Cooking at home can be healthier than fast food. However, gas and propane stoves may pose a danger by emitting high levels of nitrogen dioxide (NO2) according to a new study published in Science Advances.

The research was conducted by environmental scientist Rob Jackson and graduate student Yannai Kashtan at Stanford University. Jackson has previously shown that methane leaking from U.S. residential stoves is equal to the emissions from half a million cars per year.

Gas and propane stoves create NO2 when heat causes two oxygen atoms to combine with one nitrogen atom. Electric stoves do not get as hot and do not cause this reaction. NO2 irritates the airways, reduces lung function, and exacerbates coughing and wheezing according to the American Lung Association. Exposure can occur from stoves as well as and .

To study the severity of NO2 from stoves, Jackson and Kashtan placed sensors in over 100 homes. Variables considered included home size from 800 to over 3,000 square feet, use of ventilation hoods, number of burners or oven used, cooking time, window opening, and city air quality.

Findings showed that while kitchens saw first contamination, most other rooms were also affected within an hour. Ventilation hoods reduced NO2 only 10-70% depending on fan speed and suction of all burners. Hoods recycling indoor air did nothing to reduce molecular pollutants. Smaller homes and apartments saw up to four times more exposure than larger homes due to dose and time. Gases remained above health thresholds for hours after stove use.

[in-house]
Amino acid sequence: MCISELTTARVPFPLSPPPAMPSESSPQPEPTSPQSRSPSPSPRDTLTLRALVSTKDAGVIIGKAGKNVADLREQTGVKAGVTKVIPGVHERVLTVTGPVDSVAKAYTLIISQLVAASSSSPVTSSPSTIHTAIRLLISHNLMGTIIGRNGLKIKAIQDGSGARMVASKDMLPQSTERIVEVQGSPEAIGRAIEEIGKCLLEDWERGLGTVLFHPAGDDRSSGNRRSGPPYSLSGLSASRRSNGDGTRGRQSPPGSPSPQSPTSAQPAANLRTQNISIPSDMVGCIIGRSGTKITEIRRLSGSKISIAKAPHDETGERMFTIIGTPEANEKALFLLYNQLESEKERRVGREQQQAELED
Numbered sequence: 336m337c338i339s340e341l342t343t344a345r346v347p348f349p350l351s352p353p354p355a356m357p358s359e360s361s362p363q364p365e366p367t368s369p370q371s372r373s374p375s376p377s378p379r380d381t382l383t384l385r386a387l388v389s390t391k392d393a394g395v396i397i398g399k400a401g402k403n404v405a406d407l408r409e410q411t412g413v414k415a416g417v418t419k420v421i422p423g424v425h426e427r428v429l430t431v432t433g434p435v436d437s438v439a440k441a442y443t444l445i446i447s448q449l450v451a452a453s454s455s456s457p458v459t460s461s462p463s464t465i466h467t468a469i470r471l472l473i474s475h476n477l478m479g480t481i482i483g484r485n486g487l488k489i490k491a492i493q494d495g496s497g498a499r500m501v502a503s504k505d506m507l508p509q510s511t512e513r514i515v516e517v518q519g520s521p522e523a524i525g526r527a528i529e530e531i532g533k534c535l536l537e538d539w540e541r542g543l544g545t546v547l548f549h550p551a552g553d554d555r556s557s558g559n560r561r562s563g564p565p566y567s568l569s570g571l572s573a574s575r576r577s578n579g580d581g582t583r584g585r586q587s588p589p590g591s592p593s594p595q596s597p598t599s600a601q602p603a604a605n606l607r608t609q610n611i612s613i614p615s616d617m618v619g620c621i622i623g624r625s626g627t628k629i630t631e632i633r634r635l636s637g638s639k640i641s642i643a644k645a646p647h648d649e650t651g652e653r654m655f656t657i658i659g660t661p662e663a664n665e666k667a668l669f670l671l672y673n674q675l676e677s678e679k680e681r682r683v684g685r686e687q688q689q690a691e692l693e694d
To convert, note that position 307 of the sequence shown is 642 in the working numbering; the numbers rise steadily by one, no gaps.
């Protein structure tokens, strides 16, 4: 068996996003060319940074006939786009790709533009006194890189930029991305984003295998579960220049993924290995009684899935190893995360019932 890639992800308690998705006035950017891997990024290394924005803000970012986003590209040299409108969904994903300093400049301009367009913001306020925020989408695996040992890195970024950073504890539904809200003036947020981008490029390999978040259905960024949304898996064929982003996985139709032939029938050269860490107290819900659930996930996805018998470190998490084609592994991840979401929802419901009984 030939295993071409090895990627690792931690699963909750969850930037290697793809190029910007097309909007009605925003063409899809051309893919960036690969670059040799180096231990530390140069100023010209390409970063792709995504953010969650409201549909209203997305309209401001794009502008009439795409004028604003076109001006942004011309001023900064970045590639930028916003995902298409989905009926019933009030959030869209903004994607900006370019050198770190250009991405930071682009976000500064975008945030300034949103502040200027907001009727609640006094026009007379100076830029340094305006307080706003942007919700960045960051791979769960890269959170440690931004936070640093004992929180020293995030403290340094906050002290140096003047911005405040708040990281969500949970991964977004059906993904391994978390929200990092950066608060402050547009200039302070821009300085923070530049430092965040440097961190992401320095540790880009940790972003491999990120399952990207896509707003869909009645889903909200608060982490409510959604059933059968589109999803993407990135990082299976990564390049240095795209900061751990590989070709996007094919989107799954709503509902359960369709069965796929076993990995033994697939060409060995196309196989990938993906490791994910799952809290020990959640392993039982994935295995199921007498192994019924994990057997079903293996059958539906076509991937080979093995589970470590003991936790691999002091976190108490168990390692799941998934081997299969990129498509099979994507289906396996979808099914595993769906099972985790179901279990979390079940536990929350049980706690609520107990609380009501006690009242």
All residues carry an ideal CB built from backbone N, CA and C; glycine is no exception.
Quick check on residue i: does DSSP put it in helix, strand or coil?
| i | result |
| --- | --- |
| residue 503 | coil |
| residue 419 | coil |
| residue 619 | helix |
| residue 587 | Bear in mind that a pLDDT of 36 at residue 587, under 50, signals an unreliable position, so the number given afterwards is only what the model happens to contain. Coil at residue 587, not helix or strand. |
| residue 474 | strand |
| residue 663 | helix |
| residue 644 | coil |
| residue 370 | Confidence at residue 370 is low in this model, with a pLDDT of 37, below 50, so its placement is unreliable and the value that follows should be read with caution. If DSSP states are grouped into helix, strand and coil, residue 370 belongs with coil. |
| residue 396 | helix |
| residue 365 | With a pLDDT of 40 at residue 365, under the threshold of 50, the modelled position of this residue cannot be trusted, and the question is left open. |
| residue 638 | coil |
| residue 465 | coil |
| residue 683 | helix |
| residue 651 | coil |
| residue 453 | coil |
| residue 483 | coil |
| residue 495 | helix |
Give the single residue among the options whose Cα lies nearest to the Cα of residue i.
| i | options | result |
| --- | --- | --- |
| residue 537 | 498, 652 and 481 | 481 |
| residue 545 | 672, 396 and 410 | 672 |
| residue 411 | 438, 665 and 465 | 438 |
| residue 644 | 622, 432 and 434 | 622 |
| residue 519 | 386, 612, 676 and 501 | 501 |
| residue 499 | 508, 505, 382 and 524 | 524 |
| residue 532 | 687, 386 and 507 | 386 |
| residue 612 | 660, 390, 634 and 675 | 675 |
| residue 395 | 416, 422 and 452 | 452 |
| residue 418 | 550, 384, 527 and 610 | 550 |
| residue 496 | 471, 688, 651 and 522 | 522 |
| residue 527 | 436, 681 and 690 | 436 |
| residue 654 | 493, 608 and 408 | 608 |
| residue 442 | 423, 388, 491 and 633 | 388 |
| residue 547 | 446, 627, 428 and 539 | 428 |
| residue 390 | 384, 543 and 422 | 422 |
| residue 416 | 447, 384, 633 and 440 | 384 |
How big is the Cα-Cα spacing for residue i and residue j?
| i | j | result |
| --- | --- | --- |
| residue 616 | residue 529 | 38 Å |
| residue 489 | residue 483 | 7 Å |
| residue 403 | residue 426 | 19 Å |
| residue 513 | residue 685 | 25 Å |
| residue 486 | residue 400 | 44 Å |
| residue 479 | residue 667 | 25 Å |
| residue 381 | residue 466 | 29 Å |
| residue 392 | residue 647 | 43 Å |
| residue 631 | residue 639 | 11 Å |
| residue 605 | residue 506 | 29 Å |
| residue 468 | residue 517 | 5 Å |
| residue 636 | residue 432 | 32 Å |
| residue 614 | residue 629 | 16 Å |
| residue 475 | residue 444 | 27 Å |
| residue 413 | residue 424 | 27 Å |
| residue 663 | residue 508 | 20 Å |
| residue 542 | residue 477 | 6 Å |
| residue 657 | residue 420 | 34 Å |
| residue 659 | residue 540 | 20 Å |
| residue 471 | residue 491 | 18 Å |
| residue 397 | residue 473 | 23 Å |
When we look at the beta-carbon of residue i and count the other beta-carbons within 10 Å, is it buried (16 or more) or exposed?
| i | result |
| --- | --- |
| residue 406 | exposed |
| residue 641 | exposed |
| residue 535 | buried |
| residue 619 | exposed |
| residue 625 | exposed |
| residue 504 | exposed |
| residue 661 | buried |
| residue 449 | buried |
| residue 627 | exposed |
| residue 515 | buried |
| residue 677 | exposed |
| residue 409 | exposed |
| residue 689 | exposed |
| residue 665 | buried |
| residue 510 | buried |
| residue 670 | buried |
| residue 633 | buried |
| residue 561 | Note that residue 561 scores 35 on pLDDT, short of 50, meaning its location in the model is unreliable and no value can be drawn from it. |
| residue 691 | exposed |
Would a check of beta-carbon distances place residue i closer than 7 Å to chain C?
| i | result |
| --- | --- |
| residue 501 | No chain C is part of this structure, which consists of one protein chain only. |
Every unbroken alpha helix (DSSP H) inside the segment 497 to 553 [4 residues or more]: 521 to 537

On average, gas and propane stoves increased indoor NO2 by 4 ppb, using three-quarters of the World Health Organization’s 5.3 ppb limit before outdoor exposure. Minority and low-income groups facing dirtier outdoor air experienced twice as much chronic and three times as much acute NO2 exposure versus wealthier households.

Options to reduce exposure include electric burners, hood use, and opening windows during cooking. Risk is long-term and cumulative rather than negligible.